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A Blue Ribbon At The Fairgrounds

 

The Indianapolis Woodworking show was held this last weekend and, because it’s only about four hours from home, I decided to drive instead of providing airport security the chance to add one more grope to their morning. I normally like to get in a bit of local sightseeing on my Thursday arrival each week, but the drive down to the venue in the snow was pretty miserable. It seems to have become the norm in the last few years that sometime during the weekend we would get an appreciable snow storm. Besides, I had another TV spot to do early Friday morning and going directly to the show allowed me to pick up what I needed before they locked the hall up for the night.

Though we kind of expect it here, this was another excellent weekend for the show and attendees. The Toyota Hall was completely filled with vendors and educational areas and the crowds stayed heavy until an hour of the show’s closing each day. As strange as this may sound, I judge a weekend’s success by how many teeth I see. Vendors were very satisfied with their sales and woodworkers enjoyed spending a better part of their day soaking up all the free education they could. Pictures of those smiling faces could have been used in a Crest Toothpaste ad.

The Central Indiana Woodworkers had a display touting the toys that are made by club members.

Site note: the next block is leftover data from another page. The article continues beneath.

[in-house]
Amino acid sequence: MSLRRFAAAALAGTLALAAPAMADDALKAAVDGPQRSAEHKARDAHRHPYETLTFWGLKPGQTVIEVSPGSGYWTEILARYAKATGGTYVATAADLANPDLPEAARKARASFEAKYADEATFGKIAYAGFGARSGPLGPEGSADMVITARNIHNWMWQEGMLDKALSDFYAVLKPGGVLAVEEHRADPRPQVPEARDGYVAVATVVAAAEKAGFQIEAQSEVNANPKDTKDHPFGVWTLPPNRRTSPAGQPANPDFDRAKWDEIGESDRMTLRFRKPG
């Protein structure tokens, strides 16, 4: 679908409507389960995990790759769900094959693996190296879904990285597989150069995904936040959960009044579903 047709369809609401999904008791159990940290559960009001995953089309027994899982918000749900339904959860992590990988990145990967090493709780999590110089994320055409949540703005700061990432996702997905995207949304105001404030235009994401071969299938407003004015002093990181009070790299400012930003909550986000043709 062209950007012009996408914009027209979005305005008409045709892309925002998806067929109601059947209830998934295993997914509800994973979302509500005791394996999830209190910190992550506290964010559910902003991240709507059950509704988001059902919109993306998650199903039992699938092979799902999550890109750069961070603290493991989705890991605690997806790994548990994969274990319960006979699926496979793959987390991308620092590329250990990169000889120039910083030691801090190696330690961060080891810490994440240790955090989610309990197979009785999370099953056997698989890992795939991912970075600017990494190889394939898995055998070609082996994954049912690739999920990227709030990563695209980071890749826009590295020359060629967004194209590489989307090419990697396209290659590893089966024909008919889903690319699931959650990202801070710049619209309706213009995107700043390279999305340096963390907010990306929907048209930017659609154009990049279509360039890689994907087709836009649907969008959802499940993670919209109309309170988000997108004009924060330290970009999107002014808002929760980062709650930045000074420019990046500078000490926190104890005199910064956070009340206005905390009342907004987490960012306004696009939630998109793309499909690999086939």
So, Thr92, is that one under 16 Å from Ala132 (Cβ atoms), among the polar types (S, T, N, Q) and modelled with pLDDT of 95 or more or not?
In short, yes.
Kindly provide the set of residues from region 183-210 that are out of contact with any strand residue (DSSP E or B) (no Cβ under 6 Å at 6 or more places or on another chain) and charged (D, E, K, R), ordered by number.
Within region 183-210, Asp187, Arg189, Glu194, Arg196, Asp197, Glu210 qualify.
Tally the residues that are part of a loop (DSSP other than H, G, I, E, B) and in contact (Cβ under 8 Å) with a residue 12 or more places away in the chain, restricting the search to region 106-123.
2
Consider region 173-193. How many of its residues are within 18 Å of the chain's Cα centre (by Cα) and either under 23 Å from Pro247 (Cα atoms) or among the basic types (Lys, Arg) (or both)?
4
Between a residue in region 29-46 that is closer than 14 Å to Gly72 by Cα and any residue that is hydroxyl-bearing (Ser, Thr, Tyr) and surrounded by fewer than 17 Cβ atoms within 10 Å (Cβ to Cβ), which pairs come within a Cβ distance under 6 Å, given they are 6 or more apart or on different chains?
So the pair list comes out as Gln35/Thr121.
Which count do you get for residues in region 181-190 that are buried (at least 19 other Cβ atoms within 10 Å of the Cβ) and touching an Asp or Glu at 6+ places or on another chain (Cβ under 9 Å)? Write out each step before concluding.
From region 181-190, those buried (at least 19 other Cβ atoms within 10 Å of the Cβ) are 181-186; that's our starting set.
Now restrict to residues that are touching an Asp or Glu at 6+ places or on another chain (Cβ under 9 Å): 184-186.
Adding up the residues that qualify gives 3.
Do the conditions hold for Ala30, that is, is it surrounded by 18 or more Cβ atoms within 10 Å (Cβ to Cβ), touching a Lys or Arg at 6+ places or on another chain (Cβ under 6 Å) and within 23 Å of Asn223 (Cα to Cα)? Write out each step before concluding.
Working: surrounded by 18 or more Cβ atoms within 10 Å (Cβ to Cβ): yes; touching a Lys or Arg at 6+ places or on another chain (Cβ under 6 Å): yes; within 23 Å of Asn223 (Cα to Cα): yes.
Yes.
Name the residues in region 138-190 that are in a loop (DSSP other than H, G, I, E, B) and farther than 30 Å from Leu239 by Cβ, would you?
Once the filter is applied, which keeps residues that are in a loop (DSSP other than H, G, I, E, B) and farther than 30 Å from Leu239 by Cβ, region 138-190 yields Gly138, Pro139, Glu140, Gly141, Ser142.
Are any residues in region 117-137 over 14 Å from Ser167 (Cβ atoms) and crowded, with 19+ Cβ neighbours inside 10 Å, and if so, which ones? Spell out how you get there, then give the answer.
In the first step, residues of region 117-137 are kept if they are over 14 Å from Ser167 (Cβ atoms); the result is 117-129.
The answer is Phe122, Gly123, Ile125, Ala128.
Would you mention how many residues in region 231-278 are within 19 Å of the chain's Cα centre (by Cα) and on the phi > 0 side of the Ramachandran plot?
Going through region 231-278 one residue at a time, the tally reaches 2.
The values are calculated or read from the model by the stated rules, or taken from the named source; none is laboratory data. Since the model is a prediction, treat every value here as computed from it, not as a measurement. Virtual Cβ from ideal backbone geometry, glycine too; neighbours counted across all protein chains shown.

In addition to all the wood samples, the International Wood Collectors Society had a very nice walnut chest showing some beautiful species as inserts.

Peg Cawthorn from the Women’s Woodworking Guild of Indiana had attendees test their hand at the pyrographic stylus that she has become so adept at. Examples of her work adorned their booth.

Next to my presentation area, the people from Wood Mizer demonstrated a band saw mill and cut a number of large logs into potential pieces of furniture.

Author Bob Settich taught classes in his booth aptly called “Woodworking in High Definition” and had good crowds all weekend long.

The Show Off Showcase only had three entries this weekend. I would have thought that there would be many more and maybe the elements kept them away. There was no lack of creativity though. The first prize winner was Andy McCormick’s Tiger Maple Hutch. The dye and finishing were very well done and Andy hoped that this exposure would help him sell this piece.

He will go on the final competition in Houston in April. He also had his choice of a Bosch tool for his efforts. Second place was the “Arches” chair by Dan Bollock. This was an original design with flawless steam bending and upholstery.

Third place was a Diamond Willow walking stick by Bill Poynter.  The carving techniques made for a striking statement on what would otherwise be a mundane wood. He also had other examples in a booth on the show floor where he talked to passers by.

One of the highlights of my weekend was meeting an older woodworker and his middle aged son. The father shook my hand and told his son that I was the one to blame for rekindling his enthusiasm and getting him back into his shop. His son said that he had always wanted to meet the person who had convinced his dad to dissolve the family trust to outfit his shop. Ya know… you do what you can.

Next week, the Woodworking Show heads to Kansas City and then on to Columbus, Ohio.  Strong shows in their own right, I expect that they’ll be even better than they have been in recent years. The show’s owner has added increased value to the events and you won’t be disappointed if you find the time to stop in.

‘Til then, I’ll see you on the road.

Jim Heavey

WOOD Magazine’s Traveling Ambassador




 
 
 
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